The Road We Are On Is Different Then What We Were Expecting But…..

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I am in the middle of a parent training course for social communication and one of the parents reached out and sent an email to all the parents in the class for advice and feedback on how to best handle helping an Autistic child move forward.  The parent was hoping that participants in our course would come to the class one hour early and have coffee and share some advice and experiences.  So I thought I’d put my thoughts down on paper so to speak because I will never be able to get to class early.


“I understand where you’re coming from and the road we are on and the road our child is on is a different one then we were expecting when we first decided to have kids.  I think that reconciling all the hopes and dreams we had for a child versus where they are developmentally can be hard. I think it’s okay to feel like you do because that’s your child and we only want the best for them. But I think for me what helps is at some point I finally just truly excepted Johnny for who he is. It doesn’t mean that I don’t try to advocate hard for him to have all the help and tools he needs to succeed.  Instead it means that I’ve accepted that he is going to keep moving forward but at Johnny pace not at his peers pace or at what I originally thought he would do.  Once I decided that in the end he’s going to be always autistic and with autism there’s a whole bunch of incredible things that are positive as well and I felt like a weight was lifted off of my shoulders and off my sons shoulders so he can open up his wings and start to really move forward.

As Johnny has become more of a talker and (I would say that would be age 5) we started to really get to know him more and I’ve discovered that the reason he would get so frustrated and upset in the past was when he tried to do things and he couldn’t. He is his own worst critic. He expects himself to do everything and anything that his peers can do. He pushes himself superhard and maybe I didn’t see that before when he was nonverbal. If I ever thought it was hard to get him to do a certain type of therapy maybe I wasn’t paying attention to how he really felt about it. Maybe he liked doing something else and once I listened to that then again he moved forward. I feel the pressure to put him into social groups, camps etc but I am beginning to realize that down time to be just a kid is super important too.  He needs to be able to generalize skills he learns and take that to the playground and play dates.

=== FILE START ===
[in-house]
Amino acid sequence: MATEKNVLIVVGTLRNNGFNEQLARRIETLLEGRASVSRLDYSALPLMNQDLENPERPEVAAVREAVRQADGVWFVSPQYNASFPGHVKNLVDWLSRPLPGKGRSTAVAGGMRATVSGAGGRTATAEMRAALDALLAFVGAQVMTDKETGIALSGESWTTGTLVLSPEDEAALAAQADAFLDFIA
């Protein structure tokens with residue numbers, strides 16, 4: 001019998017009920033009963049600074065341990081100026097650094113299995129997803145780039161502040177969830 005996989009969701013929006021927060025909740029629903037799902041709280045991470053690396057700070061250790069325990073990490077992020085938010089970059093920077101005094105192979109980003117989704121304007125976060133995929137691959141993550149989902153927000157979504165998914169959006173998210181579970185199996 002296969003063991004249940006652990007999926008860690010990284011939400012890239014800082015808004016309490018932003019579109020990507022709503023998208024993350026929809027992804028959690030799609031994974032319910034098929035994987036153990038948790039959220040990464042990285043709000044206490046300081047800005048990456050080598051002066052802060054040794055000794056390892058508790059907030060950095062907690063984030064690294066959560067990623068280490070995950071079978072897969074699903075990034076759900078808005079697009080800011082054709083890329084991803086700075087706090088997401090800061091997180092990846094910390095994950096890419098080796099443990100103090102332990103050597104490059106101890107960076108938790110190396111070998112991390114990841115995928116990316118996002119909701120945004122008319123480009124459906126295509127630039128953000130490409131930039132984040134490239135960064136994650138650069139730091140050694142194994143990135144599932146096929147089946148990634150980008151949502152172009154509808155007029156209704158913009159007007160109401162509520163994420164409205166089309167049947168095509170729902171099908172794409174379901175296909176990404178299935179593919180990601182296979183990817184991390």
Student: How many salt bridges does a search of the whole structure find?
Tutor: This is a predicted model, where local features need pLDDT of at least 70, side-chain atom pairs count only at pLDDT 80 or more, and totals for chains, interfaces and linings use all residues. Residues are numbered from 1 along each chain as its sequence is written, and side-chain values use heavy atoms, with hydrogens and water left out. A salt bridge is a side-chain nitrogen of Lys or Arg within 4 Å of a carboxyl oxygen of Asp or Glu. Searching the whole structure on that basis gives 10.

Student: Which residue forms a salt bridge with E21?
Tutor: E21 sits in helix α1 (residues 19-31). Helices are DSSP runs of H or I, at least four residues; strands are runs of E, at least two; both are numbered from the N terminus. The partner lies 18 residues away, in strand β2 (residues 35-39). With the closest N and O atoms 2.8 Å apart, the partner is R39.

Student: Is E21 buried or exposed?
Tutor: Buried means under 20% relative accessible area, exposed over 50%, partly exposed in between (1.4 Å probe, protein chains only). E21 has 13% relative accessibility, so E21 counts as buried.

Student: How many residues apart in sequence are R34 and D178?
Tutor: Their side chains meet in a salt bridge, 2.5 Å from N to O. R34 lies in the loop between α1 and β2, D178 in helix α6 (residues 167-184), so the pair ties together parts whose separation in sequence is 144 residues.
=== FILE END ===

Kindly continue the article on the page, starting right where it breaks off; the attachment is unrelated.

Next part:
So I guess what I’ve learned is that whatever Johnny’s interests are, whatever his extreme focuses are on any given minute I give into that and then I think of ways that I can add something to it to get him to see it from a different point view. I try and “roll with it” more and more and not force things.”

That in a nutshell is how we help Johnny to move forward and for us as parents to be able to handle any challenges as we all move forward as a family.  We accept that he learns differently and sees the world from a different perspective and if we want to help him forward we need to try and see things from his perspective.  Why?  How can we expect him to see things “our” way if we don’t take the time and show him the respect by “trying” to see the world the way he sees it.  How can I expect him to learn to be a more flexible thinker if I am not doing it or his teachers?



3 Comments Add yours

  1. May says:

    The problem with helping someone to move forward is that forward is a subjective term, and sometimes one person’s idea of the right direction is totally different to another’s. I imagine that must be even more the case for someone who communicates in a different way than most people and struggles to be understood.

    Liked by 1 person

    1. Cyn says:

      Very true it is very subjective. I think that it’s okay to adjust your expectations. Instead of celebrating the same as someone else would you celebrate each little step because every little step is important as it leads to the same finish line. I also think that some people have a hard time with change in general and then also having to change the way they think. In the parent groups and I’ve been and I’ve seen one spouse being more flexible in the way they think and another one struggling. I don’t think that they realize that even with themselves that it’s okay to be thinking differently and to take their own individual time accepting their child. And then I think it brings up another argument that I see with parents of all types is whether the dream is their child’s dream or is it their dream that they’re placing on to the child to become the child’s dream when it’s really not the child’s dream if you know what I mean. Thank you for taking the time to read my posting to share your comments:)

      Liked by 1 person

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